With contents that are present in YouTube, anyone can perform an interactive learning session by taking time and repeating – they can master simple tasks and gradually harder ones. Content makers such as DIY Perks (Lets build it) provides creative ideas from do it your own circuit board to laptop screen replacement and even cooler mods for computer using rope and wood. Another content maker, Vox, analyzes almost every issue from current politics to music. Such contents are simply made for the viewers with an easy tone of voice for clarity of understanding. What it essentially does is it revokes our local media by using a perspective of neutrality and it’s important to have that when everything we learn from our own media is biased and political. Learning news from the outside world is also a part of learning that learners shouldn’t miss out on. It opens up perspective. VICE-News summarized the biggest legal prostitution issue in Bangladesh. Growing up in Dhaka, I never knew women and children in Daulatdia – a village in the Rajbari district, which is the largest brothel in Bangladesh – suffer immensely due to the legality of such institution and it’s funny that we were not taught of the suffering in the lives of women and children. With issues as such there can be newer polices on safety and health of those lives – research papers on how much money is circulating in criminal activities opening more scopes to study and action plans to recover.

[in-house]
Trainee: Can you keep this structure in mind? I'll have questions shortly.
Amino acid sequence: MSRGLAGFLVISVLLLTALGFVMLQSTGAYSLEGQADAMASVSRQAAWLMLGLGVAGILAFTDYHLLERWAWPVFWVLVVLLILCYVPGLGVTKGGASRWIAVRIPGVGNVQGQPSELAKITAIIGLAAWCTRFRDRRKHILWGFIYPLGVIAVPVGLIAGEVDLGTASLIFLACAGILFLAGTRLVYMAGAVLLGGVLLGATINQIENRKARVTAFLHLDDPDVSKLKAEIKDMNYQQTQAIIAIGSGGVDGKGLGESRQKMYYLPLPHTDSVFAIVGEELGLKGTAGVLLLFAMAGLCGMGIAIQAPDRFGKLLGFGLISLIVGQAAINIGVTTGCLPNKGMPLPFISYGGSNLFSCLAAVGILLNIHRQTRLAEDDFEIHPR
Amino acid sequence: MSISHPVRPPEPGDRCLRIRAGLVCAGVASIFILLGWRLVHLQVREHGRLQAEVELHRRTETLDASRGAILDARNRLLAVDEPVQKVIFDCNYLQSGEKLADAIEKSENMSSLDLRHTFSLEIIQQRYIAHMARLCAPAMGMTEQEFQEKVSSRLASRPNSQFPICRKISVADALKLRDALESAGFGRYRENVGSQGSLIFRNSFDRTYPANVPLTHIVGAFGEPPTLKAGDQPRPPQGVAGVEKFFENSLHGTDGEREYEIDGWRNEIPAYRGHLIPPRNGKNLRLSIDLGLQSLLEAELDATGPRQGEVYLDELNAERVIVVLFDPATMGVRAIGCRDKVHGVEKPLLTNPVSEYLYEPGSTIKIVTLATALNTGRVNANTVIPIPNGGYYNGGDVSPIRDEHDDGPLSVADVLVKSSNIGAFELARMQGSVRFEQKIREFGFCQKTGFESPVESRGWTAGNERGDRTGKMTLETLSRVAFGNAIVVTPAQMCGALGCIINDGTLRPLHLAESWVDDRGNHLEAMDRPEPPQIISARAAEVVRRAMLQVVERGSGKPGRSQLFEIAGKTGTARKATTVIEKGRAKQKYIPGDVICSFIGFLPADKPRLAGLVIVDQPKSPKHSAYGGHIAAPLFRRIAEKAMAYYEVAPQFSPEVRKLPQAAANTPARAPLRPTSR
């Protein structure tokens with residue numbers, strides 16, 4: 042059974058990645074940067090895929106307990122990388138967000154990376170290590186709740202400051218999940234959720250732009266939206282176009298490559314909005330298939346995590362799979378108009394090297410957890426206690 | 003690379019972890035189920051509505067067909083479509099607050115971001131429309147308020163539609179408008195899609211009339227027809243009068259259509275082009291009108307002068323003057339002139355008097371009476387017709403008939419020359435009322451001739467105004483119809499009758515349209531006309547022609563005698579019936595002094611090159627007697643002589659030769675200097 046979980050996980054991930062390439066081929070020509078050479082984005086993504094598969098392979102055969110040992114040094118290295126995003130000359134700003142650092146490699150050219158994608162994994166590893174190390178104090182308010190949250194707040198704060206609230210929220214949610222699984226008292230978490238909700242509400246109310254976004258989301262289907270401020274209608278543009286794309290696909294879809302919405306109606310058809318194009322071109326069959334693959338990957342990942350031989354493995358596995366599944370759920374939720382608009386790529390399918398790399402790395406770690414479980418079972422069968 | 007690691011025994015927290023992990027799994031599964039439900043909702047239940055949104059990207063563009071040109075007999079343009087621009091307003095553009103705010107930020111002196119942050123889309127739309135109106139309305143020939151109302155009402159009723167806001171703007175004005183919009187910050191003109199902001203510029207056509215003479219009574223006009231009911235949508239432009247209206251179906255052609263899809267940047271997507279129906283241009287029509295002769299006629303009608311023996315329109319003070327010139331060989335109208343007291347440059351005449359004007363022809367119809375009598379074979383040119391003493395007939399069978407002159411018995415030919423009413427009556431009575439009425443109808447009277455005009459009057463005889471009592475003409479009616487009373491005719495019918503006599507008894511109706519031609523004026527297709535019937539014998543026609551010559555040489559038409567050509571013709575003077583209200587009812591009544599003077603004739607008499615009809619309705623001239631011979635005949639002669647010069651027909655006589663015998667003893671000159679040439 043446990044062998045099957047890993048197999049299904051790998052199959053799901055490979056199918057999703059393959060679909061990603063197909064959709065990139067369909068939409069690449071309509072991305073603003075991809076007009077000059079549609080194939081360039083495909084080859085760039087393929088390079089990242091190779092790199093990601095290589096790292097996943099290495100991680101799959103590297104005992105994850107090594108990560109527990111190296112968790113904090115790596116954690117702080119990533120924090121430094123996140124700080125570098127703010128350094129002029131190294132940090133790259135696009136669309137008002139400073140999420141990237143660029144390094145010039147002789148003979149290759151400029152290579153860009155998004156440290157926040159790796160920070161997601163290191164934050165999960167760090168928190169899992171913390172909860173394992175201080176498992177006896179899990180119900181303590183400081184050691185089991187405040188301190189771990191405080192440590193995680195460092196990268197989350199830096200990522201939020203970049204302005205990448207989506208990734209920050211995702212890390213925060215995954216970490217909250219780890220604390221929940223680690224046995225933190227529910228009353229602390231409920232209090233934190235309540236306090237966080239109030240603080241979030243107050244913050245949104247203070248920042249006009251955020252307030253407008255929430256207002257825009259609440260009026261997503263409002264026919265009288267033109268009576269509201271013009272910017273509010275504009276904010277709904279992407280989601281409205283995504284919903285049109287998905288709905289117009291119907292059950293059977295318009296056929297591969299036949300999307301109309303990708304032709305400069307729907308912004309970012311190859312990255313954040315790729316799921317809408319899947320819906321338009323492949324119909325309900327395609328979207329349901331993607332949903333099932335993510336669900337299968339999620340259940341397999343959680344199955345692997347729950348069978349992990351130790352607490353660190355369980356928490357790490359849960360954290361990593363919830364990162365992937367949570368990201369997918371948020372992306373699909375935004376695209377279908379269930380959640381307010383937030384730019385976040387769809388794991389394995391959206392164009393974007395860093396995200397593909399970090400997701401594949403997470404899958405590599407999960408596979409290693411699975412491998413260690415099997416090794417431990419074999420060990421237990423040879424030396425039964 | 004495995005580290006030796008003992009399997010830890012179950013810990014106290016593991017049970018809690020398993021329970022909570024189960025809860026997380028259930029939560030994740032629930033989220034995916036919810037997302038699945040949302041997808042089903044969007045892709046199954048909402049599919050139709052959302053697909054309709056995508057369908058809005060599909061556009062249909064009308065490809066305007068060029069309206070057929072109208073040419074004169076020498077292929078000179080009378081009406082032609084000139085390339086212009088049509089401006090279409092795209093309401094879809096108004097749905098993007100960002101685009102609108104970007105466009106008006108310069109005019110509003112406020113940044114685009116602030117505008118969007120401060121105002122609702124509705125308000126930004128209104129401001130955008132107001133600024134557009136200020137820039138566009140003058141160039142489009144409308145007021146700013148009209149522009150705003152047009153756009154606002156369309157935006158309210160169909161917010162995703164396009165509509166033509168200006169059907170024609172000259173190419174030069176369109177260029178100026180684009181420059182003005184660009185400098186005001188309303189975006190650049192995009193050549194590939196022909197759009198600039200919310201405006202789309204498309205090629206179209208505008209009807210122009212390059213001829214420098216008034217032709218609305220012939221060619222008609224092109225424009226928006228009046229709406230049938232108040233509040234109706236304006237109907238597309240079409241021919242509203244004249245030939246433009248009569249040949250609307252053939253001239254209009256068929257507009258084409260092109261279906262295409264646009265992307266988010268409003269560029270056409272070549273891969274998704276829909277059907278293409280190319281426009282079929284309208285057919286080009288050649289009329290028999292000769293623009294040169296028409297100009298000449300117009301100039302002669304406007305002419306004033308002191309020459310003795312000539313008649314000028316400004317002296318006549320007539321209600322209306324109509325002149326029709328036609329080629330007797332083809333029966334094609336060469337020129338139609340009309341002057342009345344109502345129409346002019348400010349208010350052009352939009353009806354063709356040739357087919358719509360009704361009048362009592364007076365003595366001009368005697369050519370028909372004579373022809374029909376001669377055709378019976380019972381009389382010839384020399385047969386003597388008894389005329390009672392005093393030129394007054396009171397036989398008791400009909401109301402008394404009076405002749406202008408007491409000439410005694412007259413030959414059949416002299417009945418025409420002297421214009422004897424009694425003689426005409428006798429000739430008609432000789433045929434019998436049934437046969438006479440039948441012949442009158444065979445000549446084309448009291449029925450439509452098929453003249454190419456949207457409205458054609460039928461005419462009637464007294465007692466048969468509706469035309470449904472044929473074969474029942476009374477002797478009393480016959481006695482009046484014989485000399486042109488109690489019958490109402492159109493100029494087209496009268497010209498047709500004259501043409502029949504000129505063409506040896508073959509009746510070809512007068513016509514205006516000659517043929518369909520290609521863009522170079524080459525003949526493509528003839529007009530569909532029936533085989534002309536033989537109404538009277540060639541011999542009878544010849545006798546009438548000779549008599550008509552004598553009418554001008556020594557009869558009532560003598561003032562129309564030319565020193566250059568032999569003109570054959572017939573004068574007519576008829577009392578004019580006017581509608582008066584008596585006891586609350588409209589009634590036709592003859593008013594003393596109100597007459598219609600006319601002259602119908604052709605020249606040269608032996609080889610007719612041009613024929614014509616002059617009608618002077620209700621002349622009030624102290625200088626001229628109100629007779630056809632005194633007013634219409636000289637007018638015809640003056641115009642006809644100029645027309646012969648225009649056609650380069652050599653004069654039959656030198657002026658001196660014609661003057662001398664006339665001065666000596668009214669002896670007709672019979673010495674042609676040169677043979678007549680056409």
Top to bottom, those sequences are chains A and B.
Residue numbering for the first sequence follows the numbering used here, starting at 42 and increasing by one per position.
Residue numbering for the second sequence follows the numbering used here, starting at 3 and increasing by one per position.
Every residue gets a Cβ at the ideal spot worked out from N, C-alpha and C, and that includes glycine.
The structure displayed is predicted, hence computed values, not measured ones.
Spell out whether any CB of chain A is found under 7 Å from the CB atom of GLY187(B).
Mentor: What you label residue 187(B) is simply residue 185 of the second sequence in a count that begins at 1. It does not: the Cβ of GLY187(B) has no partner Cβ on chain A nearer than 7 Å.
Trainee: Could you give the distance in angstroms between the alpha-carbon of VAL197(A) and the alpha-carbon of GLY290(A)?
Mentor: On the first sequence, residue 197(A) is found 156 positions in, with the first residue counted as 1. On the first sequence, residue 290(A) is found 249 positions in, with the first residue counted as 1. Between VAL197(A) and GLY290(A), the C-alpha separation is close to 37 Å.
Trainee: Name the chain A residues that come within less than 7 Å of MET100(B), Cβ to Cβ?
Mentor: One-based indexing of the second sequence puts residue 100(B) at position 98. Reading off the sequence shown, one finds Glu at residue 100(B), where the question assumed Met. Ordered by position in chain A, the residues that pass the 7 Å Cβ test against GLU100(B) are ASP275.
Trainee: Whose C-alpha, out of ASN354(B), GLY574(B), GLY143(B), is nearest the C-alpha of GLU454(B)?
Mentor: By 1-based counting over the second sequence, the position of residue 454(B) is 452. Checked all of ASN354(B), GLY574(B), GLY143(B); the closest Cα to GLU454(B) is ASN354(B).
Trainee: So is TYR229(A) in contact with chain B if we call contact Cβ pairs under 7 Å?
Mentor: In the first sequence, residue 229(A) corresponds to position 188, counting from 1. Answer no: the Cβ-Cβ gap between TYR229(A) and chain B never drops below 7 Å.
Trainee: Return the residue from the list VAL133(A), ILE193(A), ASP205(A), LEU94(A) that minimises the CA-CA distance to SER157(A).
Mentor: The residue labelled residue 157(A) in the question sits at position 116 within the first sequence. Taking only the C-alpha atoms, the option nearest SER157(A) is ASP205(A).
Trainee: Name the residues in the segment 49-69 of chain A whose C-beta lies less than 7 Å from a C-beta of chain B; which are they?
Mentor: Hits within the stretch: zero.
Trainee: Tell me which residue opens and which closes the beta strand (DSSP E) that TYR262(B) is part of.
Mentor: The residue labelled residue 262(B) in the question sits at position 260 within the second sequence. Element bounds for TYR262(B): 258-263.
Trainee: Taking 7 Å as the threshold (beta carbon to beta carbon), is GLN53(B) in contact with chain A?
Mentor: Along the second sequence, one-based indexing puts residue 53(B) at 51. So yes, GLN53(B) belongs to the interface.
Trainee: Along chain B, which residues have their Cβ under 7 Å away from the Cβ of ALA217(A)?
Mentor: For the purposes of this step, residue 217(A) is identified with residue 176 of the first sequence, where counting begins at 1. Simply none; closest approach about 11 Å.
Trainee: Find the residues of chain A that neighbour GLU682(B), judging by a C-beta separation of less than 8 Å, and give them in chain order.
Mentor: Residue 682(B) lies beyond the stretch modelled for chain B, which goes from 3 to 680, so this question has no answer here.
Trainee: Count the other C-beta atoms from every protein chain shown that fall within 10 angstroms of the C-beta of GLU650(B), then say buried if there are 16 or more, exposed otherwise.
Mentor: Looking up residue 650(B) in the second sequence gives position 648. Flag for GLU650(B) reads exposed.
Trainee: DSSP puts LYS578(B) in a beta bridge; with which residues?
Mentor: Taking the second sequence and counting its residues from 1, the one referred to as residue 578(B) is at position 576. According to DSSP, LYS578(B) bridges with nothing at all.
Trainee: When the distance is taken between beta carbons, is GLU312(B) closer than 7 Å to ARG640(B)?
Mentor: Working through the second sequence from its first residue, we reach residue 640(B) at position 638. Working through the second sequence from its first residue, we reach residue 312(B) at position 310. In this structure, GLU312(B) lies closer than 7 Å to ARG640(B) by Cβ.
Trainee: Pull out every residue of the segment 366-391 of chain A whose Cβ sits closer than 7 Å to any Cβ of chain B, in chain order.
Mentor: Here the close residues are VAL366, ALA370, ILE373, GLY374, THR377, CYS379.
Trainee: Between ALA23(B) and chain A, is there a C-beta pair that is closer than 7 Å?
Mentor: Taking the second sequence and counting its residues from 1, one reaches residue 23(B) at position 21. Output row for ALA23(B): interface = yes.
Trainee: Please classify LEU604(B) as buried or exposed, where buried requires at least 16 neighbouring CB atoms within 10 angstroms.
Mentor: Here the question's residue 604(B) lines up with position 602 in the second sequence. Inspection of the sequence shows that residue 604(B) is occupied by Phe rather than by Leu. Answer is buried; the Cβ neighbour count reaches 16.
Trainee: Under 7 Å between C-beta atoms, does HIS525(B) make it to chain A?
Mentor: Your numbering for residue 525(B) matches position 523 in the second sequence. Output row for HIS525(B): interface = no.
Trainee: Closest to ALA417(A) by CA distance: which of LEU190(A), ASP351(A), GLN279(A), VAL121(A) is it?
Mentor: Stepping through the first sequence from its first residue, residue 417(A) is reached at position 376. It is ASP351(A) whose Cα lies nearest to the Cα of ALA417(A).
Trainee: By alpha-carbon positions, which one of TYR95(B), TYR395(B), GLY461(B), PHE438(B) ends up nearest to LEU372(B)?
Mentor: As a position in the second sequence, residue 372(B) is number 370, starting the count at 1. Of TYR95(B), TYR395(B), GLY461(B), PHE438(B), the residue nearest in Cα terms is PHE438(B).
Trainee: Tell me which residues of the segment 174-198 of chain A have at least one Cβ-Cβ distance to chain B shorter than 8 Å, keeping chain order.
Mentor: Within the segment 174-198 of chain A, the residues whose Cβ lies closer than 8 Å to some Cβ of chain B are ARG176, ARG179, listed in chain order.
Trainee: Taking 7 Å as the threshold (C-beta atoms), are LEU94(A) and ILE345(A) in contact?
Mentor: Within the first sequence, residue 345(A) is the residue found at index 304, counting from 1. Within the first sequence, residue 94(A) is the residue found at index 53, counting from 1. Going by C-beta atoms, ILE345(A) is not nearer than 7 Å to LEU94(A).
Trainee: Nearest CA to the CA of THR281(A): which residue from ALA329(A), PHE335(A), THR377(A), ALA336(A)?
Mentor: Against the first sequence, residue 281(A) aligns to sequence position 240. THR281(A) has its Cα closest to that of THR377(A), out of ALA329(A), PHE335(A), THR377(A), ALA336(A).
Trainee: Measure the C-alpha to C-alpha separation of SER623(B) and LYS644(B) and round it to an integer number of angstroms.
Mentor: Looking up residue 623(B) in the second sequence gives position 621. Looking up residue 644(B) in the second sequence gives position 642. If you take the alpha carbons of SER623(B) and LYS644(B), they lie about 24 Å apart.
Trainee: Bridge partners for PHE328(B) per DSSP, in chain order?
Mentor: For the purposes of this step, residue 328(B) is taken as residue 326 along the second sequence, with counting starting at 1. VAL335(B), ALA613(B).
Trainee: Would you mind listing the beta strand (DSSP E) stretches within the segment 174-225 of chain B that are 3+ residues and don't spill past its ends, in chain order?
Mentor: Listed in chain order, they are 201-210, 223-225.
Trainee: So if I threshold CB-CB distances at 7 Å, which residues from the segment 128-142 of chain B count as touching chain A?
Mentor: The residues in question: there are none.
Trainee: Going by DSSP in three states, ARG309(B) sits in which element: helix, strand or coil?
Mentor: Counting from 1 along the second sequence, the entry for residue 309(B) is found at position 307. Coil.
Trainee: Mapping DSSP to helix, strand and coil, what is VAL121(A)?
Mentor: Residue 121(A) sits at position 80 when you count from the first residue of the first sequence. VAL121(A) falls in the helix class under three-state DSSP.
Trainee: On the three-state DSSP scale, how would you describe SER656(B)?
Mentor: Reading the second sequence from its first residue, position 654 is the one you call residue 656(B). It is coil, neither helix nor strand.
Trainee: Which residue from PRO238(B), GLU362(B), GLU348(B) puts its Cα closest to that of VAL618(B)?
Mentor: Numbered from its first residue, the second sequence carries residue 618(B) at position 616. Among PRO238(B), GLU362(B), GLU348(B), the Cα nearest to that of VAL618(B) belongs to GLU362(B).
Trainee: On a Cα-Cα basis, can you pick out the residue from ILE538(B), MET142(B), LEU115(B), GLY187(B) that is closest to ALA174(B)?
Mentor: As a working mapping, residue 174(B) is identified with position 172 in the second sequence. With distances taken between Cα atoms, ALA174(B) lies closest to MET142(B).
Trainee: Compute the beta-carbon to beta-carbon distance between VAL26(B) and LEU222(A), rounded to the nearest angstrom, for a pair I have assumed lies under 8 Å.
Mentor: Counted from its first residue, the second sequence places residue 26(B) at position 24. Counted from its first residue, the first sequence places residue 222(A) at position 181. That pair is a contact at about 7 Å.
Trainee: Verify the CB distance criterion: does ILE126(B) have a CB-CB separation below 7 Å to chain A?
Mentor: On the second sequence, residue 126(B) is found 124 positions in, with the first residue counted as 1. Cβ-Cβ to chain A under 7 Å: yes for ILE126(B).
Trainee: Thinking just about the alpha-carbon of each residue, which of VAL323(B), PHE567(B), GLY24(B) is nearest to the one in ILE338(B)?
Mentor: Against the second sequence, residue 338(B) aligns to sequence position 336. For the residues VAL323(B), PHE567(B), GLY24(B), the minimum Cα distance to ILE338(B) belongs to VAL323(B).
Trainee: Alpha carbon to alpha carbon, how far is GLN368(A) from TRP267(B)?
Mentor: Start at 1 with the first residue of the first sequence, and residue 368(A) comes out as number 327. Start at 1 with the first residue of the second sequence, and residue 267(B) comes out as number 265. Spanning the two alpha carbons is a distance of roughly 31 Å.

There is a saying, “learners of today will be the leaders of tomorrow.” Demographic study between different times of our history as Bangladeshis will suggest there are more uni-goers now than ever before. In comparison with our history of 47 years as Bangladesh, there is now a surplus of uni-goers than the last two generations or even when our prime leader was ruling. The elders of our generation have finally agreed that the new kids in their block may supersede them in multiple aspects, be it science, tech, development, cultural studies – anything. E-learning is a mighty god and e-learning lets you learn through the major sensory parts – visual and audio. 

Thus promoting e-learning within individuals, if not through institutions, is ideal to proceed towards 2020. Dismantle what is already known and find the unknown. Theorize this and put it in practice. Create a rippling effect amongst groups of people who are willing to foresee their future as a learner. Think about learning as an industry and how everyone can benefit from fact analysis, informal debates and discussions. Come up with your own “food for thought” and discover what’s not taught in a standardized setting through discussions with similar and non-similar minds. Watch videos that are of interest and read about it. Let your organic self grow within your groups of friends and see what they bring in when you challenge their thoughts and ideas. 

Discover what is not found by you and let it all soak within.